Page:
The spottail shiner mainly competes with species that have the same diet and live in the areas. These competitors can include other species of shiners, yellow perches, or white perches.[7]

There are certain abiotic factors that determine spottail shiners' habitat. The spottail shiner's highest activity levels are usually seen in areas where the pH value range between 5.6 and 6.6, maximizing at a pH value around 6.1.[8] Spottail shiners generally live in waters that temperatures range from 10 to 50 °C (50 to 122 °F).[6]

Life history[edit]

The life history of the spottail shiner has not been studied much. Spottail shiners breeding season usually occurs in the summertime during the months of June and July.[6] They are thought to spawn in the sandy bottoms and shorelines of the rivers, lakes, and creeks where they live. Females are thought to produce anywhere from 100 to 2,600 eggs per spawning event. The mature age of a spottail shiner is around one or two years of age. The maximum age recorded for a spottail shiner to live is 5 years.[6] Since there has not been a lot of research involving the life history of the spottail shiner not a lot of information can be given on spawning and reproduction.

Conservation and management[edit]

Spottail shiners are currently listed as of least concern. These shiners are not vulnerable in the wild yet.[6] The primary causes for death is being preyed upon, pollution of their natural habitat, and parasites. Minnows are used as bait for game fishing.[9] These shiners are caught and used as bait fish throughout the area they occupy.[9] They are one of the most popular minnow used to lure walleyes.[3] Their shiny scales and small bodies attract specific species of game fish that anglers frequently try to catch. Currently there are conservation agencies at the state-level protecting these shiners from being harvested for fish bait. Pollution of many different toxic chemicals into the areas that these shiners live is one of the main causes of death.[10] It is found that water pollution from wastewater and runoff affect the immune system of spottail shiners.[11] There are certain parasites that also affect the life of these shiners. The parasites are also found to affect the immune system in spottail shiners.[11]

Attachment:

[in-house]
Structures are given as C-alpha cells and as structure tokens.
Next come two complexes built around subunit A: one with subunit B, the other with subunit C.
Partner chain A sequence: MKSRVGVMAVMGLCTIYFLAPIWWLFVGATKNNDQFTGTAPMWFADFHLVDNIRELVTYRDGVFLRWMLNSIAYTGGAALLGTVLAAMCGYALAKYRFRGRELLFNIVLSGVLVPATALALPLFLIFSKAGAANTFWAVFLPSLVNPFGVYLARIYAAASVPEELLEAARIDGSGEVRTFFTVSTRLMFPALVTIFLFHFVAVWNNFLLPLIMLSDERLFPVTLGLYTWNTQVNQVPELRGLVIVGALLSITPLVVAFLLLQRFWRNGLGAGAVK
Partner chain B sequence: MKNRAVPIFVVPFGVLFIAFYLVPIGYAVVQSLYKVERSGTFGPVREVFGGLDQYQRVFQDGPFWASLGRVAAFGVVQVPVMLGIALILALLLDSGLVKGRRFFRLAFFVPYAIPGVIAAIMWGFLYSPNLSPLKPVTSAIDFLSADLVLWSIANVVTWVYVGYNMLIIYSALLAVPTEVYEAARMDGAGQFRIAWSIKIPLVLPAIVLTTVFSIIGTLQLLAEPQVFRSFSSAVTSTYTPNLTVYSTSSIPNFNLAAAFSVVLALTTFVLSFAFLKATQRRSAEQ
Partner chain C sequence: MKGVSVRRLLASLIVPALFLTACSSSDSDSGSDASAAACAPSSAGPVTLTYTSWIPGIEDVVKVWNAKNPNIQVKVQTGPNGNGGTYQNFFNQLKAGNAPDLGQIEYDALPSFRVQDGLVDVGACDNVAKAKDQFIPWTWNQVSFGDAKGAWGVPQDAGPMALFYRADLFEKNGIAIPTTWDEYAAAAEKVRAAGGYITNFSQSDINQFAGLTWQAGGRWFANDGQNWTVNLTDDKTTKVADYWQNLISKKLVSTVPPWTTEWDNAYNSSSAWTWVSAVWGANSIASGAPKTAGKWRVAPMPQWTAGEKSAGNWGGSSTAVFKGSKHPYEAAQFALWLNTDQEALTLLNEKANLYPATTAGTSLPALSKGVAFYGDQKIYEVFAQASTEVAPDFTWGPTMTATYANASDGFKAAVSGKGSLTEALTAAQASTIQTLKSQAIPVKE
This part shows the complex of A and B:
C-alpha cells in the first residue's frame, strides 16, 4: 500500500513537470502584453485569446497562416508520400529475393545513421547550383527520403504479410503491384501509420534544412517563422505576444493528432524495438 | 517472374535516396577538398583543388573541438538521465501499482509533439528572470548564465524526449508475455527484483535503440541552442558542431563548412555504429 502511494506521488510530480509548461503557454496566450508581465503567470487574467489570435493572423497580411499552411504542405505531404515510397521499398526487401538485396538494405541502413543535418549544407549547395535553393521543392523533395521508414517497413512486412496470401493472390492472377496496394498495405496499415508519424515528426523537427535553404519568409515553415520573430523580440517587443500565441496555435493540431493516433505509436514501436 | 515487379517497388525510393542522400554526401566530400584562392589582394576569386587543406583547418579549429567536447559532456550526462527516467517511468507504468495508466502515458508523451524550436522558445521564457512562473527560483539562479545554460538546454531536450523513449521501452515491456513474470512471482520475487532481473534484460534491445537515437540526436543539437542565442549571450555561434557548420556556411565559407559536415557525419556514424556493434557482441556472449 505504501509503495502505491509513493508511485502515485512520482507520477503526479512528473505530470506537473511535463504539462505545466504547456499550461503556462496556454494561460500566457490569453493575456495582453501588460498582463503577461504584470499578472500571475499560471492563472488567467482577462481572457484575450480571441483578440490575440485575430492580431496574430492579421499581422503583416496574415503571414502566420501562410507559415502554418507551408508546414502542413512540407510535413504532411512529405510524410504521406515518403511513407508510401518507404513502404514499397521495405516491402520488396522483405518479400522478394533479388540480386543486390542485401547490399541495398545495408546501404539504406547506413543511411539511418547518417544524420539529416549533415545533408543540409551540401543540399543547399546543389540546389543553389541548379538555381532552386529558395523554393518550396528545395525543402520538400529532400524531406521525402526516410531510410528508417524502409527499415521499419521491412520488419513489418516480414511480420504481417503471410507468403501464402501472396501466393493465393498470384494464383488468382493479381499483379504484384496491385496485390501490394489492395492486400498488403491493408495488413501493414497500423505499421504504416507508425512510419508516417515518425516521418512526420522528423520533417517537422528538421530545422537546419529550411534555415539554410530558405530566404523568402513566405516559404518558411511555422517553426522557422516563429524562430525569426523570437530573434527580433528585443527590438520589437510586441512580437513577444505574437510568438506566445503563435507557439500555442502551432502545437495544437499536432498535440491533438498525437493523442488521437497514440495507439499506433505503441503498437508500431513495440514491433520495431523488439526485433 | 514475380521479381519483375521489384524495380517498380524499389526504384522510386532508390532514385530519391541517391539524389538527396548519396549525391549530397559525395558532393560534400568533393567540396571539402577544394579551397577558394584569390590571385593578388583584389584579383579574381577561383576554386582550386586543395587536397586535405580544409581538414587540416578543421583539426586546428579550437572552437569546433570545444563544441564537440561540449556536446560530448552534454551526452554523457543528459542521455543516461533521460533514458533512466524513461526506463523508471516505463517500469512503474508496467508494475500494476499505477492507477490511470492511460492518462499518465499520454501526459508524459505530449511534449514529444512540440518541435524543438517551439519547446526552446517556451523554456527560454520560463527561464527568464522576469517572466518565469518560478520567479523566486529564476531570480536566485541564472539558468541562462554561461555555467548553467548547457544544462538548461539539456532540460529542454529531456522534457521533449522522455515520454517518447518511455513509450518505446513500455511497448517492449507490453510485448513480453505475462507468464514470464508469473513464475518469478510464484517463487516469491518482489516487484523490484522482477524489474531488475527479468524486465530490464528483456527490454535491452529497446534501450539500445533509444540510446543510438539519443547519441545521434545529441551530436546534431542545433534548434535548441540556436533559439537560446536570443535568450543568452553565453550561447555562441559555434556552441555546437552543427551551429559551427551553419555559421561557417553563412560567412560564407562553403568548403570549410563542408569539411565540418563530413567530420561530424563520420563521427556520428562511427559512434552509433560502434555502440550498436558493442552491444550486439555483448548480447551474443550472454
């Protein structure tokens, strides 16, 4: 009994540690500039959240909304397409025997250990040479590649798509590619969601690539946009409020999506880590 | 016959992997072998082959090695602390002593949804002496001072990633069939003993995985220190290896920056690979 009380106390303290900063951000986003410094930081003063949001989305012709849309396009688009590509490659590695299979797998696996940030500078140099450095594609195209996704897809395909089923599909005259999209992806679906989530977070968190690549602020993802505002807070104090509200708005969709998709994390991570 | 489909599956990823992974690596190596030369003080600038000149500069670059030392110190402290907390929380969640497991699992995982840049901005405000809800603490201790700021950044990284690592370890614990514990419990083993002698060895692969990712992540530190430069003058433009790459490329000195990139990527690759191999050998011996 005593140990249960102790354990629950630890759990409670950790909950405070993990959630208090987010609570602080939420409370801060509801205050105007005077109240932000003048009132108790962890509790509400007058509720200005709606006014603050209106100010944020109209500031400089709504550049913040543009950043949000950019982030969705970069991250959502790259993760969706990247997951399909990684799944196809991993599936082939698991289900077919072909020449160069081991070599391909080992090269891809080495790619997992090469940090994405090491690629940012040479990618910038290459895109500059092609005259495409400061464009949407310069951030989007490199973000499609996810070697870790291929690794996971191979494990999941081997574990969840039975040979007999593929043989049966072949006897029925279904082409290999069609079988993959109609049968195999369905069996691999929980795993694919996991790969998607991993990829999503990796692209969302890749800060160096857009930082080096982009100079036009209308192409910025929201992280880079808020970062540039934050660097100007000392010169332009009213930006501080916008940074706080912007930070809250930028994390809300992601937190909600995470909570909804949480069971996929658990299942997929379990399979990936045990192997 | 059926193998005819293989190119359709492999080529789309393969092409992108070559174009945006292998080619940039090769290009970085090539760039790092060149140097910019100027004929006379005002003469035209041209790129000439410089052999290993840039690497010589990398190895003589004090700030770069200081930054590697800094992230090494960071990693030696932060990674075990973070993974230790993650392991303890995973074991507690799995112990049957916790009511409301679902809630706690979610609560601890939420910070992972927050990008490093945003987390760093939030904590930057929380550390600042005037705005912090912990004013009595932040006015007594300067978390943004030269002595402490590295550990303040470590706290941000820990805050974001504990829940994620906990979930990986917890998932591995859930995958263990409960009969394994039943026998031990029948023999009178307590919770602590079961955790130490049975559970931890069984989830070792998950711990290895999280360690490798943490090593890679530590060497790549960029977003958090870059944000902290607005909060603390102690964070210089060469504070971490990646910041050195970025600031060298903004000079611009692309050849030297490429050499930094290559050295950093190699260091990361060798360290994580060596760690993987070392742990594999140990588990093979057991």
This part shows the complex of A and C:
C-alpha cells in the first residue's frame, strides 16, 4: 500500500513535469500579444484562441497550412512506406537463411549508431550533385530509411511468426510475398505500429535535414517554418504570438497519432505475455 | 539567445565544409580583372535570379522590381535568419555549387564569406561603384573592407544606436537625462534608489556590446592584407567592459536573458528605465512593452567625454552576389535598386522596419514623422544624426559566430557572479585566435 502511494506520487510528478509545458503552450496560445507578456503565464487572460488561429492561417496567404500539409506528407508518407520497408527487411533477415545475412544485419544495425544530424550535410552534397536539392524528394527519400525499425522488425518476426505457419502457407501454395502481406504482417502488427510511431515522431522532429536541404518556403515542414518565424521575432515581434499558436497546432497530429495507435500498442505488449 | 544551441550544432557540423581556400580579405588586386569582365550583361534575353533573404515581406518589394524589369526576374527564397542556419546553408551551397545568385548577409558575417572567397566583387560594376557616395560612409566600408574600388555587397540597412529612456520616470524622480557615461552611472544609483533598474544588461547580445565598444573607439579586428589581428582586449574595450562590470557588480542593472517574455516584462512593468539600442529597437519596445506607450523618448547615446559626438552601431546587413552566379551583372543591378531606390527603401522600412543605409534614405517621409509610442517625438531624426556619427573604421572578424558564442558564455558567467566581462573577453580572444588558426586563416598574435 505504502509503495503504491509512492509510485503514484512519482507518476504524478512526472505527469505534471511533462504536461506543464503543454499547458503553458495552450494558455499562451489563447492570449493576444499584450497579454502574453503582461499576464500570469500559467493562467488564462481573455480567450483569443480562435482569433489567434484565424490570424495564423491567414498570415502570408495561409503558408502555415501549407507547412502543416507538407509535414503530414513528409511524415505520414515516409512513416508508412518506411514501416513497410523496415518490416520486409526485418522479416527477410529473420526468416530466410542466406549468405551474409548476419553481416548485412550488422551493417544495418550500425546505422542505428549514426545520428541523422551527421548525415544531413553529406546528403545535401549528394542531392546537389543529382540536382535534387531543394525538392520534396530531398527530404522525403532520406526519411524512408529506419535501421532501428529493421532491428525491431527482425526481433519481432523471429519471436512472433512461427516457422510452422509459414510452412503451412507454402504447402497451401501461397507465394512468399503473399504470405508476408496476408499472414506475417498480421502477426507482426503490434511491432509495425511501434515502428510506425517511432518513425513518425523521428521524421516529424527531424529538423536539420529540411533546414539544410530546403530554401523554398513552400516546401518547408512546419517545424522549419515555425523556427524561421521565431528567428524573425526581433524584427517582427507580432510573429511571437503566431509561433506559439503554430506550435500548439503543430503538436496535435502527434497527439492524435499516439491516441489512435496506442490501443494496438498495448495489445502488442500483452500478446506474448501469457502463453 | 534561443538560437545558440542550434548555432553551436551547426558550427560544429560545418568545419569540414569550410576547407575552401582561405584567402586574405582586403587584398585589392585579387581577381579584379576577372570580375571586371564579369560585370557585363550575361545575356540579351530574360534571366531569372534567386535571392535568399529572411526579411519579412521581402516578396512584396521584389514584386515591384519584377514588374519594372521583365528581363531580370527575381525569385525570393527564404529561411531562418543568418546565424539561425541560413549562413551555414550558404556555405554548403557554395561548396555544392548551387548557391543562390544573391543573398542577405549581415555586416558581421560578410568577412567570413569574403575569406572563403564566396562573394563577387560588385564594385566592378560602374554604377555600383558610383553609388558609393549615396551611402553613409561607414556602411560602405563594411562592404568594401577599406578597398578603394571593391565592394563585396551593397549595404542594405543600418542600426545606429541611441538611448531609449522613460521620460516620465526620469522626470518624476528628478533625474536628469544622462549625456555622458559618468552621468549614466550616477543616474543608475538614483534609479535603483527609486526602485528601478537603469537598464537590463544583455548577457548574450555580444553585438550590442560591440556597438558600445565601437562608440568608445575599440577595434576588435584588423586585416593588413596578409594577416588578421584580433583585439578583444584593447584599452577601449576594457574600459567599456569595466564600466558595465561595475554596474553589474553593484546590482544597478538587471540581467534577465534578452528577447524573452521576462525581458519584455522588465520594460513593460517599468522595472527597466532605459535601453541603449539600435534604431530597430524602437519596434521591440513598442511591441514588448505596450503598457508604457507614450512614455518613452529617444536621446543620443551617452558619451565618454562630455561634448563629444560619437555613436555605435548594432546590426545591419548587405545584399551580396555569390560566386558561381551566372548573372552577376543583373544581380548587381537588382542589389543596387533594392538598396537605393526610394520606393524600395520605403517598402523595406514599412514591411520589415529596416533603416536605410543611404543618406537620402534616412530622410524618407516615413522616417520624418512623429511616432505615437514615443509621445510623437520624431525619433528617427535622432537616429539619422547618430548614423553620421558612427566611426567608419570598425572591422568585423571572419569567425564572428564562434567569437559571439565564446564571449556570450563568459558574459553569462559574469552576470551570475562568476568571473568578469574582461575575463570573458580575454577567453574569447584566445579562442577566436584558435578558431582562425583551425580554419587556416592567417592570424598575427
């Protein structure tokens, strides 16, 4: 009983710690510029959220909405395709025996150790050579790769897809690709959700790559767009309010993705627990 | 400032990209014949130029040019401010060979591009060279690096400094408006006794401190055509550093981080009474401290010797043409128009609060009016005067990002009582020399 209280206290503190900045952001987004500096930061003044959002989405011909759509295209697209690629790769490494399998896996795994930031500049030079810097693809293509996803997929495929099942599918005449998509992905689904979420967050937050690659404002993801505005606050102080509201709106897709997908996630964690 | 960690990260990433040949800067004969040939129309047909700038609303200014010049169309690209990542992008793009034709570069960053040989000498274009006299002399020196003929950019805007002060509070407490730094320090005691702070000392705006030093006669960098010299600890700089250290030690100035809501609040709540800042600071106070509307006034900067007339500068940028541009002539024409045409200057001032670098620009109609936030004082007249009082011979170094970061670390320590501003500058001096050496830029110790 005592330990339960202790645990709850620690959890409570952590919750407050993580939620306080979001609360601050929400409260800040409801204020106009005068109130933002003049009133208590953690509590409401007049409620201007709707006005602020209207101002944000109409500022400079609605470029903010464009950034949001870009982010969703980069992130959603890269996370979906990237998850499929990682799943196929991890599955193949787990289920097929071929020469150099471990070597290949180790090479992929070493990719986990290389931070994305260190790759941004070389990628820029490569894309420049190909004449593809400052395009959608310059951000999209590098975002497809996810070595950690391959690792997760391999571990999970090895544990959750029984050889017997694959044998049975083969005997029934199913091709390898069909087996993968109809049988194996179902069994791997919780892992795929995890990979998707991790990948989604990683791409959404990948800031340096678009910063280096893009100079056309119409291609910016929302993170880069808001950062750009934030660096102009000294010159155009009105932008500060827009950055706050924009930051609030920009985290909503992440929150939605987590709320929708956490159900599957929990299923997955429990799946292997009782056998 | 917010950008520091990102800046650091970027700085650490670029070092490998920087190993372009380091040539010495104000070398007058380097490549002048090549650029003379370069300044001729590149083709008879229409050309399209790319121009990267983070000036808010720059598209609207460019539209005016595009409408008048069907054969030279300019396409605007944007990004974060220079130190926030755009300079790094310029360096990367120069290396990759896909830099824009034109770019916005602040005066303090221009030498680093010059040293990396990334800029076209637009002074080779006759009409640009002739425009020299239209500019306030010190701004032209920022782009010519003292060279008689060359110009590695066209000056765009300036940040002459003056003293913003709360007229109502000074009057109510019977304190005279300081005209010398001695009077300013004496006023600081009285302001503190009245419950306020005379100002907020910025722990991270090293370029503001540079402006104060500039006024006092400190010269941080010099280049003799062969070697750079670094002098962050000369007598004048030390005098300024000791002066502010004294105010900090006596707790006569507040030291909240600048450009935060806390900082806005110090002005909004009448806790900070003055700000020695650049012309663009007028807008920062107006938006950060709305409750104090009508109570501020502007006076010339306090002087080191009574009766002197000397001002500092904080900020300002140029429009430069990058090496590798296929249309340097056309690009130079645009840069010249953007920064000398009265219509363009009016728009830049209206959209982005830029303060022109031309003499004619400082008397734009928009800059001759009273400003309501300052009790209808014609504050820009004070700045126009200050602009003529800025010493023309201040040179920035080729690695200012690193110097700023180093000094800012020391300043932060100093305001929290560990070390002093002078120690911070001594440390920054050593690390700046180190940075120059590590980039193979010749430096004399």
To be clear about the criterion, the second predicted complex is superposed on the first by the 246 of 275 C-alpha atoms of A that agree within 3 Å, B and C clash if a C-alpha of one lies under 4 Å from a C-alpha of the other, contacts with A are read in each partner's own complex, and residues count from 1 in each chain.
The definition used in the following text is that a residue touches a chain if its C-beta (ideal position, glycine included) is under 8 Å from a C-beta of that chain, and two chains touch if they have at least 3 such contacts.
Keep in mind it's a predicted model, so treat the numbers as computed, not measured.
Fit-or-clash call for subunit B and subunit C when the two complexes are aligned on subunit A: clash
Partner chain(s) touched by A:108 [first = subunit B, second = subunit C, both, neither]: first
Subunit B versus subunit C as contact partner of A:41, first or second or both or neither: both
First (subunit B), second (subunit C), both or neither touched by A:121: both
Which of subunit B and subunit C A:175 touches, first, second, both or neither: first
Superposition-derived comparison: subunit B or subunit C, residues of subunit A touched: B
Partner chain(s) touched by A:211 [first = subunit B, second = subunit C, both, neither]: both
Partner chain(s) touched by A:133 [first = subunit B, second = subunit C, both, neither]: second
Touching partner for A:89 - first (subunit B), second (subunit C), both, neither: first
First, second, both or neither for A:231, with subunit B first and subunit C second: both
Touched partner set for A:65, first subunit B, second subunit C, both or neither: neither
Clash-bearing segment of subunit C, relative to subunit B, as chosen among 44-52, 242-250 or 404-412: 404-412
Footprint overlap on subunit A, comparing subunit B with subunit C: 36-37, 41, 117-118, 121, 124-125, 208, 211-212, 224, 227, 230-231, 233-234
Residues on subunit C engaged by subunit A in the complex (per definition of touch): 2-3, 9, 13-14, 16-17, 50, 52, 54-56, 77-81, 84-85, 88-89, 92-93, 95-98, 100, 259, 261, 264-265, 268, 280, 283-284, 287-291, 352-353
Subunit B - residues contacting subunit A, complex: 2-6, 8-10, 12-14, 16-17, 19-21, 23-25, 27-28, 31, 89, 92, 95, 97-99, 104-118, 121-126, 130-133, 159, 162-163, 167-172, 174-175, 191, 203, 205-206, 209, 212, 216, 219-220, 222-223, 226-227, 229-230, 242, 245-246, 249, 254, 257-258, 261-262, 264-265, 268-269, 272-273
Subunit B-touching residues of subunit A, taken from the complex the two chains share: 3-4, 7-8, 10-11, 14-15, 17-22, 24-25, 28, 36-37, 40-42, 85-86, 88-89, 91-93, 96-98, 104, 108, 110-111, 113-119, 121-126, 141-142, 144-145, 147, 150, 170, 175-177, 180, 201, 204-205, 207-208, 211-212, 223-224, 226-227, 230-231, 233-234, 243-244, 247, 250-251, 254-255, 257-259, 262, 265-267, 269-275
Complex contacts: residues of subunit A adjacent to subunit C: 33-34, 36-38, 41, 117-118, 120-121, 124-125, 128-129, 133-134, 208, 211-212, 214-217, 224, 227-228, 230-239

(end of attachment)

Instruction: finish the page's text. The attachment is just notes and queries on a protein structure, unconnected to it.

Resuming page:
References[edit]

  1. ^ NatureServe (2016). "Notropis hudsonius". IUCN Red List of Threatened Species. Version 2016.3. International Union for Conservation of Nature. Retrieved 14 April 2017. 
  2. ^ a b [1]
  3. ^ a b c d e [2]
  4. ^ [3]
  5. ^ a b c d Whittier, T. et al. (2000) "Distribution of lake fishes in the northeast: II. The minnows (Cyrinidae)." Northeastern Naturalist. 7:131-156
  6. ^ a b c d e f g h [4]
  7. ^ Hartman, K. et al. (1992) "Diets of emerald and spottail shiners and potential interactions with other western Lake Erie planktivorous fishes" Journal of Great Lakes Research. 18:43-50.
  8. ^ Brown, L. et al. (2009) "Variations of thiaminase I activity pH dependencies among typical Great Lakes forage fish and paenibacillus thiaminolyticus" Journal of Aquatic Animal Health. 21: 207-216
  9. ^ a b [5]
  10. ^ Menard, L. et al. (2010) "The impacts of urban pollution on the immune system of spottail shiners (Notropis hudsonius) in the St. Lawrence River" Fresenius Environmental BuIletin. 19:1369-1374
  11. ^ a b Mclaughlin, J. D. et al. (2007) "Effects of pollution and parasites on biomarkers of fish health in spottail shiners Notropis hudsonius (Clinton)" Journal of fish biology. 71:519-538.